In Chapter 1 we saw that Plato succeeds in asking certain important epistemological questions about the curriculum but fails to produce logically adequate answers. In Chapter 2 we saw how his failure is reflected in contemporary curricular proposals that emanate from all sides of the present debate about education. We saw, moreover, that among the central questions are:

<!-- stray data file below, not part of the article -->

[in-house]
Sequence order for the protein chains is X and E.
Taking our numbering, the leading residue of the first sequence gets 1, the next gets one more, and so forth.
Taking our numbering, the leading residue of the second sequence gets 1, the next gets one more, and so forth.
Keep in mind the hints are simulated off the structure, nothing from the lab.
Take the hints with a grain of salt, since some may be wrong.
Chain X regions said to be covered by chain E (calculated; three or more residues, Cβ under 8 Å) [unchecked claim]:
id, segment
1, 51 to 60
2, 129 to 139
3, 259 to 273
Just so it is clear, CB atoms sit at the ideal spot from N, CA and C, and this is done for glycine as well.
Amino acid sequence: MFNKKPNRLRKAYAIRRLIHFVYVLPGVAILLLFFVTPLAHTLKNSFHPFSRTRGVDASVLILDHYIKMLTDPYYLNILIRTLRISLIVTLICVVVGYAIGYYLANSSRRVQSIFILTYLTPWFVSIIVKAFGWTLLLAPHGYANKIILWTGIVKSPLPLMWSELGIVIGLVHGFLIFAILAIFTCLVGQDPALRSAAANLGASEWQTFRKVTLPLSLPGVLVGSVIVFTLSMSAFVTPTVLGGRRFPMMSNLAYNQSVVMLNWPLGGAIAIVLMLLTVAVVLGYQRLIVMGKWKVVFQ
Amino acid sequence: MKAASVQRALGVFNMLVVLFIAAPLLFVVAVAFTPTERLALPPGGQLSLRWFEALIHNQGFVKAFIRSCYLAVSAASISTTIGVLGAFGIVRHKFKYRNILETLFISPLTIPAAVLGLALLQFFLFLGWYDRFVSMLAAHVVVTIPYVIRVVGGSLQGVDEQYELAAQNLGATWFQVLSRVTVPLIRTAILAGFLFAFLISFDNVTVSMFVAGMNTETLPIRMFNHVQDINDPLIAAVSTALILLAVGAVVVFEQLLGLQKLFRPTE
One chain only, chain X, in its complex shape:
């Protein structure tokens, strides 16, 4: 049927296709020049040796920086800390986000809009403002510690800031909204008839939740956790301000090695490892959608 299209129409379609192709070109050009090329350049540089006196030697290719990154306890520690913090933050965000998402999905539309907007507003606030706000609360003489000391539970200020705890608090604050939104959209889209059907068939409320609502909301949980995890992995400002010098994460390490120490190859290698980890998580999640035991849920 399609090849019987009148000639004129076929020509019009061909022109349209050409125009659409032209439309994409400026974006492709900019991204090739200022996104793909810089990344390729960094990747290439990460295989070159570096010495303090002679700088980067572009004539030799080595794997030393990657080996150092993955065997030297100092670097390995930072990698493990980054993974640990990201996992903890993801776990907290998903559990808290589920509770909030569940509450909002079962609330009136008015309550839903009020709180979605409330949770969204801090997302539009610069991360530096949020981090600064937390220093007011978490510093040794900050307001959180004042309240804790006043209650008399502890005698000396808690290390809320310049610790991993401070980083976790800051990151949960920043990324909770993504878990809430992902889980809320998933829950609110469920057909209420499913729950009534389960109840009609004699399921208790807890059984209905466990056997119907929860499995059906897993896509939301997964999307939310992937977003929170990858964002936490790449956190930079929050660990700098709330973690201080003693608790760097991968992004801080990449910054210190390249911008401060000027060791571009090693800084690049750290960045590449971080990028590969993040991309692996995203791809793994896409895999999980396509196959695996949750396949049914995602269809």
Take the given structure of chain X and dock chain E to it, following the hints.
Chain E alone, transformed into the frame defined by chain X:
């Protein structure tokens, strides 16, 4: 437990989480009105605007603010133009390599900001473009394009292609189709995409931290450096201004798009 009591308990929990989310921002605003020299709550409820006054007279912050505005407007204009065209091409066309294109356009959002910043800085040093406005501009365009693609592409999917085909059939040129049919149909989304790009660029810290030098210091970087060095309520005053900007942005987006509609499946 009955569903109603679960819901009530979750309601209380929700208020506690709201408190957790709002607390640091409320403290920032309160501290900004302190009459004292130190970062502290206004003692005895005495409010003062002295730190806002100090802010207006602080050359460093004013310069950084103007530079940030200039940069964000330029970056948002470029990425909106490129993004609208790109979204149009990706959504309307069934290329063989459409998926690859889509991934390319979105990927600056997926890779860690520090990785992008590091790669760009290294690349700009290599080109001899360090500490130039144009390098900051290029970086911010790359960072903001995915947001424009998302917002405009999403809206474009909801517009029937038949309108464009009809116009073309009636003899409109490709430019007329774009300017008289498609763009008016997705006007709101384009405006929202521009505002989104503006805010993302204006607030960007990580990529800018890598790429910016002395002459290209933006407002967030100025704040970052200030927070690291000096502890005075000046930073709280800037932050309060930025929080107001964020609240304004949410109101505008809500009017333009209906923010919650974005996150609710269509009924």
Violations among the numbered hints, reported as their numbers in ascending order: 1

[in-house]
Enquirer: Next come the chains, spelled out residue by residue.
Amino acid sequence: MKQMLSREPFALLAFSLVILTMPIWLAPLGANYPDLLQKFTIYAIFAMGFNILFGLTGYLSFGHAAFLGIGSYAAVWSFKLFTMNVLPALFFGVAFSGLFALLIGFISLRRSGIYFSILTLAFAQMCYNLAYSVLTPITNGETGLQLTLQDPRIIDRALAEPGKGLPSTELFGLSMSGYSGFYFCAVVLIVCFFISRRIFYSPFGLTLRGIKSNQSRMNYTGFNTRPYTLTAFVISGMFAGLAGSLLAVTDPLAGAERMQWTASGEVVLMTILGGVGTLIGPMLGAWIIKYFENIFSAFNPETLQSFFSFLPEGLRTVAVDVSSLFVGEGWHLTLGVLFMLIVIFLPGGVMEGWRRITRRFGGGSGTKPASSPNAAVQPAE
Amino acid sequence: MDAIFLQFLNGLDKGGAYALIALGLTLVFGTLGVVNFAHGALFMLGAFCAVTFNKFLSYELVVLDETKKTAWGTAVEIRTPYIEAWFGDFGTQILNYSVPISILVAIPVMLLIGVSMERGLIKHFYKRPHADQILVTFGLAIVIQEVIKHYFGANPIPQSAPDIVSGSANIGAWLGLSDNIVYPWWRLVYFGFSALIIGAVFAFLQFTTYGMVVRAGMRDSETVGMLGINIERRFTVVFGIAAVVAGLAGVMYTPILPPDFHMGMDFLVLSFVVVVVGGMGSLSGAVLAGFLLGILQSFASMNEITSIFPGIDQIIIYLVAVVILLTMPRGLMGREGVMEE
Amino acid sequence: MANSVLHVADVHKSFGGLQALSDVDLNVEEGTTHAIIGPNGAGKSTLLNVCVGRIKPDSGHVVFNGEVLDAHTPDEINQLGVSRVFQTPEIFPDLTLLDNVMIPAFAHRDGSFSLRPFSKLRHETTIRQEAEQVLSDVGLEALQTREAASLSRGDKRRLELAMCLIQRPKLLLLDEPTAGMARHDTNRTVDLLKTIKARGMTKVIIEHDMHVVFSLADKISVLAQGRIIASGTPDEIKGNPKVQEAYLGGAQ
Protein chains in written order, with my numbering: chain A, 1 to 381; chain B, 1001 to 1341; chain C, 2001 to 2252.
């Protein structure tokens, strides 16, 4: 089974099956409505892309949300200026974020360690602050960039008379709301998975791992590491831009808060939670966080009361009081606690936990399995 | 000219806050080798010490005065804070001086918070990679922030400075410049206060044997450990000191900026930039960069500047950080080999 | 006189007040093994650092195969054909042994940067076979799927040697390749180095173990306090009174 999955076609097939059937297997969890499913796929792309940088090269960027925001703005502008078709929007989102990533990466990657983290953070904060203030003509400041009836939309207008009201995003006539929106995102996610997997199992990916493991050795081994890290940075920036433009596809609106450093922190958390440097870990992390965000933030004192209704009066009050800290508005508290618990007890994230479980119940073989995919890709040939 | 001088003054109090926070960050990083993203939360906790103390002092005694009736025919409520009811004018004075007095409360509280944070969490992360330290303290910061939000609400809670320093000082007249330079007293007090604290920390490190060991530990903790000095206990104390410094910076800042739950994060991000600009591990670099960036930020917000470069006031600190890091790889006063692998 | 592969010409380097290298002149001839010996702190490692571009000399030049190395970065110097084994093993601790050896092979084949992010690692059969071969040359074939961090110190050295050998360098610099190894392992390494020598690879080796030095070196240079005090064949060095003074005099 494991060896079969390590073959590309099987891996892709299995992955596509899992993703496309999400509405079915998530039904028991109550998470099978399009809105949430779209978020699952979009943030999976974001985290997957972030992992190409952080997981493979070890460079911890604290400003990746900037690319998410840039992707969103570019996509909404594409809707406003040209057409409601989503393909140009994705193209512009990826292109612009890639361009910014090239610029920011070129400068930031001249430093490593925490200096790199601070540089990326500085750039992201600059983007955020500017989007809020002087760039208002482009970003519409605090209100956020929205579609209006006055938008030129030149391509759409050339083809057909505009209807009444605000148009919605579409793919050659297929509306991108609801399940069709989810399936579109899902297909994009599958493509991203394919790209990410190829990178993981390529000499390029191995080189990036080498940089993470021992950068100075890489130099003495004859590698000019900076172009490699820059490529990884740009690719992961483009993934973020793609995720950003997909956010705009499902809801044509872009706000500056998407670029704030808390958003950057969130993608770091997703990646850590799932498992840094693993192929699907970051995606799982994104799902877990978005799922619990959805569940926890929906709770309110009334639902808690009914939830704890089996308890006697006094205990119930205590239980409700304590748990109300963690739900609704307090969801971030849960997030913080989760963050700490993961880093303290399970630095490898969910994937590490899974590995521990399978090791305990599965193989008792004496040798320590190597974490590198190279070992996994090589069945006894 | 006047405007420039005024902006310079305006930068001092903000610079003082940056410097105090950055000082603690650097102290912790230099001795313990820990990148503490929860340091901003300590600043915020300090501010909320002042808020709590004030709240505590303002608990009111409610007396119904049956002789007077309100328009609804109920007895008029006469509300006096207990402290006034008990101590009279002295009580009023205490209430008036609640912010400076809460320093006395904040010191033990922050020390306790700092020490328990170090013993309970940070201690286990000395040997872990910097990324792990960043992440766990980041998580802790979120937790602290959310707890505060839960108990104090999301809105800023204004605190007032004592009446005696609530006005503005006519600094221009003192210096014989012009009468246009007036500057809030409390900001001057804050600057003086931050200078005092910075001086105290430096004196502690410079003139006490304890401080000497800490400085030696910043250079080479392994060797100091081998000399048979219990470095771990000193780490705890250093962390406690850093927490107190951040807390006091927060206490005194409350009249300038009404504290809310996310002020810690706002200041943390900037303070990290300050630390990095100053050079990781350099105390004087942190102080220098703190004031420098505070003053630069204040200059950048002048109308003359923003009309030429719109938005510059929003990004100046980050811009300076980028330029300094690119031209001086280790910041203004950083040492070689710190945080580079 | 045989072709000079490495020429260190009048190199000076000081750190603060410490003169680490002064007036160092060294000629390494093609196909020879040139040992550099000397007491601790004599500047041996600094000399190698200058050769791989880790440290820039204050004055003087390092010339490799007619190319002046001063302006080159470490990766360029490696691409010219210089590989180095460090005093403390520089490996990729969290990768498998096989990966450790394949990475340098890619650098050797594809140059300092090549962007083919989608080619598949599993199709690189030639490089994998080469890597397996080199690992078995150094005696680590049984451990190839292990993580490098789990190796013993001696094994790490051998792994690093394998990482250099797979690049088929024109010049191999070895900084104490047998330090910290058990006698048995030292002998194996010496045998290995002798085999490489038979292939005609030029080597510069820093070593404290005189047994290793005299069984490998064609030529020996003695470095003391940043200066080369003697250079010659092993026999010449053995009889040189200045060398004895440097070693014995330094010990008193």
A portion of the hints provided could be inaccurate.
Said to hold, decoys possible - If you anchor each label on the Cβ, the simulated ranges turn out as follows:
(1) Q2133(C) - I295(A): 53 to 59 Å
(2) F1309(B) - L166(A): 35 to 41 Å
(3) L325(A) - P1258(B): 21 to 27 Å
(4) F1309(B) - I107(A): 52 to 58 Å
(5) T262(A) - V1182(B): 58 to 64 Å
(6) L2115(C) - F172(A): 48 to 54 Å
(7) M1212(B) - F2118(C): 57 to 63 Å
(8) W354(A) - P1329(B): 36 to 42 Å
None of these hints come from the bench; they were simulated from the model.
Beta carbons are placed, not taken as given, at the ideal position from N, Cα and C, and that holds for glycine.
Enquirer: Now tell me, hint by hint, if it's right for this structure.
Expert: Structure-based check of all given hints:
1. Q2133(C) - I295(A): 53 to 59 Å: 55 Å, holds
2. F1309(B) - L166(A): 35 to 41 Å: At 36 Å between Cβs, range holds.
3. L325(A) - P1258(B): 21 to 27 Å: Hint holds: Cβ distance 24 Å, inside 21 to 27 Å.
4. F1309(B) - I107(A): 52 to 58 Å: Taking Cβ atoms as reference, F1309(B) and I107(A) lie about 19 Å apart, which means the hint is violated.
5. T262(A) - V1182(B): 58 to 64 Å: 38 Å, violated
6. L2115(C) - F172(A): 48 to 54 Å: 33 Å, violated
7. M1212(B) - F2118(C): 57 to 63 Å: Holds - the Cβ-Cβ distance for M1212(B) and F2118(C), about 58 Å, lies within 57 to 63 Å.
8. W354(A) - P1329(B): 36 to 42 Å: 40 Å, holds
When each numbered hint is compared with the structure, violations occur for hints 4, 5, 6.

What is it about our experience that makes possible a knowledgeclaiming, truth assertive language? How and under what conditions are we able to make the claims to knowledge that we do?